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Congenital Tremor (CT) - Shaking Piglets

This is a sporadic disease seen in newborn pigs. Usually more than one pig is affected in a litter. If the tremors are too great for the piglets to find a teat and suckle then mortality maybe high. Mortality in an affected litter or in a herd outbreak could increase above the norm by 3-10%. The condition decreases as the affected piglets grow.

It would be unusual to find a pig farm that sometime in its history had not experienced one or more litters of trembling piglets. There are 4 possible group causes. The causal virus in group 2, which is by far the commonest cause, is widespread among most if not all pig populations, yet little disease is seen in most herds, presumably because an immunity is established in the sow herd. In new gilt herds however, there can be major outbreaks involving up to 80% of all litters during the first parity. This is an unquantifiable risk in any new gilt herd.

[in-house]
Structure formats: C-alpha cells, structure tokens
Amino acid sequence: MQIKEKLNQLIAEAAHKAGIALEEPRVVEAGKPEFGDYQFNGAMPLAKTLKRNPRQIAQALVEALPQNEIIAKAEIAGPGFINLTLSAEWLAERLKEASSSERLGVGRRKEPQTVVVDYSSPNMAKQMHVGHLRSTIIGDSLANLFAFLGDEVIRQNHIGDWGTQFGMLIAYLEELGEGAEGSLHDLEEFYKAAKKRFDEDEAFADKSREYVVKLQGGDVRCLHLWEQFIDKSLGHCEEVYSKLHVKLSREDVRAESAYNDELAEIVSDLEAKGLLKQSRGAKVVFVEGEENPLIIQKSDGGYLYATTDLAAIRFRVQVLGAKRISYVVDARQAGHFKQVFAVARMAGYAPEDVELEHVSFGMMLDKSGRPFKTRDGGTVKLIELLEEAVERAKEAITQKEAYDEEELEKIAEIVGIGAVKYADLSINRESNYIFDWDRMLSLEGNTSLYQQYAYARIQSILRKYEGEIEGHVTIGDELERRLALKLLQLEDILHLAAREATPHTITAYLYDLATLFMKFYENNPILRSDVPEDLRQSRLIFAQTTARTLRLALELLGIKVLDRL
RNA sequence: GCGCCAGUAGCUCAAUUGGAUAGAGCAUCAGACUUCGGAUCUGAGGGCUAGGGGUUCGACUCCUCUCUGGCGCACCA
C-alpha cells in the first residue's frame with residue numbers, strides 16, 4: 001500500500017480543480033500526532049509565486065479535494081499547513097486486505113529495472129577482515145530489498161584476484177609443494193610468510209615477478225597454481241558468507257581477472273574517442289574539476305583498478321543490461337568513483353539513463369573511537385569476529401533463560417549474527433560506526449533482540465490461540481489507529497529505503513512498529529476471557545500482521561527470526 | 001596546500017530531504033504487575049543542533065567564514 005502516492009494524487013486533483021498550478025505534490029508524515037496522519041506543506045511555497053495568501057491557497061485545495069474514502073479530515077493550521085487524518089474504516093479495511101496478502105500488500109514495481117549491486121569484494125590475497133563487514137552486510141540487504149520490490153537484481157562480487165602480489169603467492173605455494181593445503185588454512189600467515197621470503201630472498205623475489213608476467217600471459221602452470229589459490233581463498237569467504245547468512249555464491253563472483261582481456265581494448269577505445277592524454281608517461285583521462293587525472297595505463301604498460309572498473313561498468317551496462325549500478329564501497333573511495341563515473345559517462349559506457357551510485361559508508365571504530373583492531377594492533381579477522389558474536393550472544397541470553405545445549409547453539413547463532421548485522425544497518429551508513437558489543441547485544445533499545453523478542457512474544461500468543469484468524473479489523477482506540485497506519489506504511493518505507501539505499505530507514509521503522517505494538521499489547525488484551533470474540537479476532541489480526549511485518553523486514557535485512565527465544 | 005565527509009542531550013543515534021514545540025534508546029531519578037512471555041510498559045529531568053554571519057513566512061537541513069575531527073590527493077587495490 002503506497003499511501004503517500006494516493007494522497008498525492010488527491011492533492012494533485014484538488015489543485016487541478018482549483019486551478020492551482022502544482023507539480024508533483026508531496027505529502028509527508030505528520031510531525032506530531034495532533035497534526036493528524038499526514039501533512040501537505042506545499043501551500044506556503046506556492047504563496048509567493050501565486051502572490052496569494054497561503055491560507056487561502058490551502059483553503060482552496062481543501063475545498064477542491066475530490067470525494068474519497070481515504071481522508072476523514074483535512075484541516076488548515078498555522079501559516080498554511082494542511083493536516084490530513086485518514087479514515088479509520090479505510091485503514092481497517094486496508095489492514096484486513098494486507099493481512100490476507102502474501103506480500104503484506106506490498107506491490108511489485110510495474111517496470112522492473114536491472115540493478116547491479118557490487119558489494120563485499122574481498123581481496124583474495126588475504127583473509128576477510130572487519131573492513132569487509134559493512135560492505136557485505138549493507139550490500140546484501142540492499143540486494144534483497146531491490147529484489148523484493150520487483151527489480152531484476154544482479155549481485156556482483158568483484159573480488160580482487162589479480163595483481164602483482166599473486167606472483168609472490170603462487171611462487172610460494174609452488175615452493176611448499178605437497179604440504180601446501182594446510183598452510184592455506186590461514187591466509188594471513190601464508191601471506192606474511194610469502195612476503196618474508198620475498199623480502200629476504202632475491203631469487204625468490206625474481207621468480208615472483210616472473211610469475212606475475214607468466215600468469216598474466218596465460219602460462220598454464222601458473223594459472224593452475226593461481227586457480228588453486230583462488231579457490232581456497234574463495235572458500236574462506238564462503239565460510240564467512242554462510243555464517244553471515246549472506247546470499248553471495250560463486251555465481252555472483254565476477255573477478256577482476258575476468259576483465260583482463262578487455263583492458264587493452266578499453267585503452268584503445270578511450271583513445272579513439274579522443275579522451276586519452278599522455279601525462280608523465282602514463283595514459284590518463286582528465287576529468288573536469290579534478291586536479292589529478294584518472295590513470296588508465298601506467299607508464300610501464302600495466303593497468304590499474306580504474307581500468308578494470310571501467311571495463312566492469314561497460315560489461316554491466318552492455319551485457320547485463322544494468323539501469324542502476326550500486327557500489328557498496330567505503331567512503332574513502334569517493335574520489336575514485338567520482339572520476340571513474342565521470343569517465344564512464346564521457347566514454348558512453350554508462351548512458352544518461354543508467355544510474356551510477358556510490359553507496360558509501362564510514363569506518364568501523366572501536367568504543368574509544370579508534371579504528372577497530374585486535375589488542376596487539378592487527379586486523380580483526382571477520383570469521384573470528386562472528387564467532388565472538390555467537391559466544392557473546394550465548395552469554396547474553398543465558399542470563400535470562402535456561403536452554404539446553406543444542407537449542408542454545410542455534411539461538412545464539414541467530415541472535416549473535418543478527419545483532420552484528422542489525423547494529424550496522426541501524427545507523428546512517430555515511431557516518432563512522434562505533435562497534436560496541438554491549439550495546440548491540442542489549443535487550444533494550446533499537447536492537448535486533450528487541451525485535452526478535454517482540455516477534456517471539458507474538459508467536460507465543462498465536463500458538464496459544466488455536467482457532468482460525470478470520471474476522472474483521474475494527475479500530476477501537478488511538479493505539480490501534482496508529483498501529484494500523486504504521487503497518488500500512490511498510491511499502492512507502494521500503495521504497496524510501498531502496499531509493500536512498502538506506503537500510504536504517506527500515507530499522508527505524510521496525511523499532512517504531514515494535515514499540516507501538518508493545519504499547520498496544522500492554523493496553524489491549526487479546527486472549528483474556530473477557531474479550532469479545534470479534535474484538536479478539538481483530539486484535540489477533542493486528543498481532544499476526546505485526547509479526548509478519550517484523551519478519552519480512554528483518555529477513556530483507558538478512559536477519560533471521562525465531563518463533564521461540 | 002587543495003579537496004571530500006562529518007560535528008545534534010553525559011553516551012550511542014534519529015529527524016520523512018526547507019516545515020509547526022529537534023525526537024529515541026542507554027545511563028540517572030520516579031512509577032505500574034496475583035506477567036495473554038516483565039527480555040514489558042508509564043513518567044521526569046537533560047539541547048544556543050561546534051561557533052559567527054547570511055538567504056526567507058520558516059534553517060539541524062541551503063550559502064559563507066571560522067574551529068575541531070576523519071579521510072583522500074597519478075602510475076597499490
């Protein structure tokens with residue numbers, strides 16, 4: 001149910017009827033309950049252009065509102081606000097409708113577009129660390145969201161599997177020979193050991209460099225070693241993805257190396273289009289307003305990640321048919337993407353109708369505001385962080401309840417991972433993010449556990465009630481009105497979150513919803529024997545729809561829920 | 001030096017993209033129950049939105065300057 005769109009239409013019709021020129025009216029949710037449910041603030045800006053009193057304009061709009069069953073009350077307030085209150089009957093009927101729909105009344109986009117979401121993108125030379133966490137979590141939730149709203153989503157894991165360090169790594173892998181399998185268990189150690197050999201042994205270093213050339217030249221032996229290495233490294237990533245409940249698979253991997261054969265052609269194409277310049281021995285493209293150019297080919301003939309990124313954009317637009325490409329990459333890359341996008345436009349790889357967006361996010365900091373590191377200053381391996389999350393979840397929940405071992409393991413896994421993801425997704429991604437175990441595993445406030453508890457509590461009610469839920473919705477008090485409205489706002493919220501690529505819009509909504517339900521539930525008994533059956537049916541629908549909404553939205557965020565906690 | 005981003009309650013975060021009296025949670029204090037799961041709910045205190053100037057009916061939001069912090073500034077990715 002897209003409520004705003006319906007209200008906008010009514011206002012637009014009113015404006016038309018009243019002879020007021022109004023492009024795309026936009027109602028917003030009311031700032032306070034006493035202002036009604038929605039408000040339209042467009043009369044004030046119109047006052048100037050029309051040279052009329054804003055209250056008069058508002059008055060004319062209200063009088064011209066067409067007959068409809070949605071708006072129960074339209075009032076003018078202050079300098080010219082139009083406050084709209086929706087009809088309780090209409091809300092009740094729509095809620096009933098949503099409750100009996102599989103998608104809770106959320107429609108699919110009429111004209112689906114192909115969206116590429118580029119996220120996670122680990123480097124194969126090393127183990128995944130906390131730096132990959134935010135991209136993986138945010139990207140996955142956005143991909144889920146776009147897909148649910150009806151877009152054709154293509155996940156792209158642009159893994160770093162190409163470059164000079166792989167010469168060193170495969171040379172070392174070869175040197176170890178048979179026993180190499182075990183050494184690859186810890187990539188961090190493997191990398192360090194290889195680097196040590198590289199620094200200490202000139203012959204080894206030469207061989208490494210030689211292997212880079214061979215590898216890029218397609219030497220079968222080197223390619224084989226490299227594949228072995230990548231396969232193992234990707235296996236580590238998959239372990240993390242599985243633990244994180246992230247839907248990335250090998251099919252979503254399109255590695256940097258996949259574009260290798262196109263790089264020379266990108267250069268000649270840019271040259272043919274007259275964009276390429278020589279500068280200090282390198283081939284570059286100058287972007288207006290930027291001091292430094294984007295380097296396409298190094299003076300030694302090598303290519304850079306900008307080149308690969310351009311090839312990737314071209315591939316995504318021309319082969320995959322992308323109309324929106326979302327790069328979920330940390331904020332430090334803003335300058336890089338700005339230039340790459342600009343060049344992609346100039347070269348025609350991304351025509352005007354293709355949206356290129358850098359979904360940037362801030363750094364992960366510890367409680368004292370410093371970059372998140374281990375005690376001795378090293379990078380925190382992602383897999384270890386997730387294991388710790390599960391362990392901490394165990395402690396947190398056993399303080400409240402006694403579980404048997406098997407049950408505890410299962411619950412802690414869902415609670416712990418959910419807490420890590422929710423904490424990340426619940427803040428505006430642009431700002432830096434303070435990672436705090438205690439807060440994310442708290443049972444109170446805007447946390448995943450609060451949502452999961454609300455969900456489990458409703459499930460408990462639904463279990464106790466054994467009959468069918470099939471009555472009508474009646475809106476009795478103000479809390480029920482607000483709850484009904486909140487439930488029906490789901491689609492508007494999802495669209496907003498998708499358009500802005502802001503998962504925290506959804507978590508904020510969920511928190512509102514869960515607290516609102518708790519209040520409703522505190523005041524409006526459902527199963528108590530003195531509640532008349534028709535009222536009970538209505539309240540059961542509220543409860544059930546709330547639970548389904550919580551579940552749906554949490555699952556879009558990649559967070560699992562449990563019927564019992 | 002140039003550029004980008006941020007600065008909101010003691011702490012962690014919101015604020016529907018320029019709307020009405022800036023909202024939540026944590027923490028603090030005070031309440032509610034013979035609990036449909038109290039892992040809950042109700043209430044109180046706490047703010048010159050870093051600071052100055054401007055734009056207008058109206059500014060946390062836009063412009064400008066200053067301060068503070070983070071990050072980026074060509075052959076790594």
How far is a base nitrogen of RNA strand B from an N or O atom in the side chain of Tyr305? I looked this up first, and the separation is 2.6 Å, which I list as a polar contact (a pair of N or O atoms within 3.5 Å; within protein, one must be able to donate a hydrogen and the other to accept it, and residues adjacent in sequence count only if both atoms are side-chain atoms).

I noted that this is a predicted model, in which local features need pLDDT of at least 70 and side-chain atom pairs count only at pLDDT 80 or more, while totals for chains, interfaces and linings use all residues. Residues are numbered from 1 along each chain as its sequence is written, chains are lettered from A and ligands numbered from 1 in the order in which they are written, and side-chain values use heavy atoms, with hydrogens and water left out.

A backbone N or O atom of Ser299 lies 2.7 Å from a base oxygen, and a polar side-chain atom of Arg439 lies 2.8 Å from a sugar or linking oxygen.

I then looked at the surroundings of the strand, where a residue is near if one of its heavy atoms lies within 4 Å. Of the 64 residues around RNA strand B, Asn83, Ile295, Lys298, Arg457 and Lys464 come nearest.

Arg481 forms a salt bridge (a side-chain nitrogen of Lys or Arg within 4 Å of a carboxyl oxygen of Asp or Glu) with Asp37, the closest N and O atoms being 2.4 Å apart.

Symptoms

Sows, Weaners & Growers
  • N/A
Piglets
  • Muscle tremor, only seen when piglets are walking around and not when they are asleep.
  • Nervous symptoms i.e. shaking of the body.
  • Incoordination.
  • Often dog sitting.
  • Increased mortality in piglets.

Causes / Contributing factors

The causes of the condition are classified into 4 groups based on brain histology.
  1. Associated with a classical swine fever.
  2. Caused by an unknown virus, possibly circovirus type 2. Most of the problems in the field are found in this group.
  3. Associated with either hereditary disorders seen in the Landrace or Saddleback breeds or with organophosphorus poisoning.
  4. Includes aujeszky's disease and Japanese encephalomyelitis virus.

Diagnosis

This is based on clinical evidence although histological examinations in the laboratory can help to differentiate the groups.

Further Reading

Click on the links below to find out more about this disease, including treatment, management control and prevention information. The top link is the main article on this disease.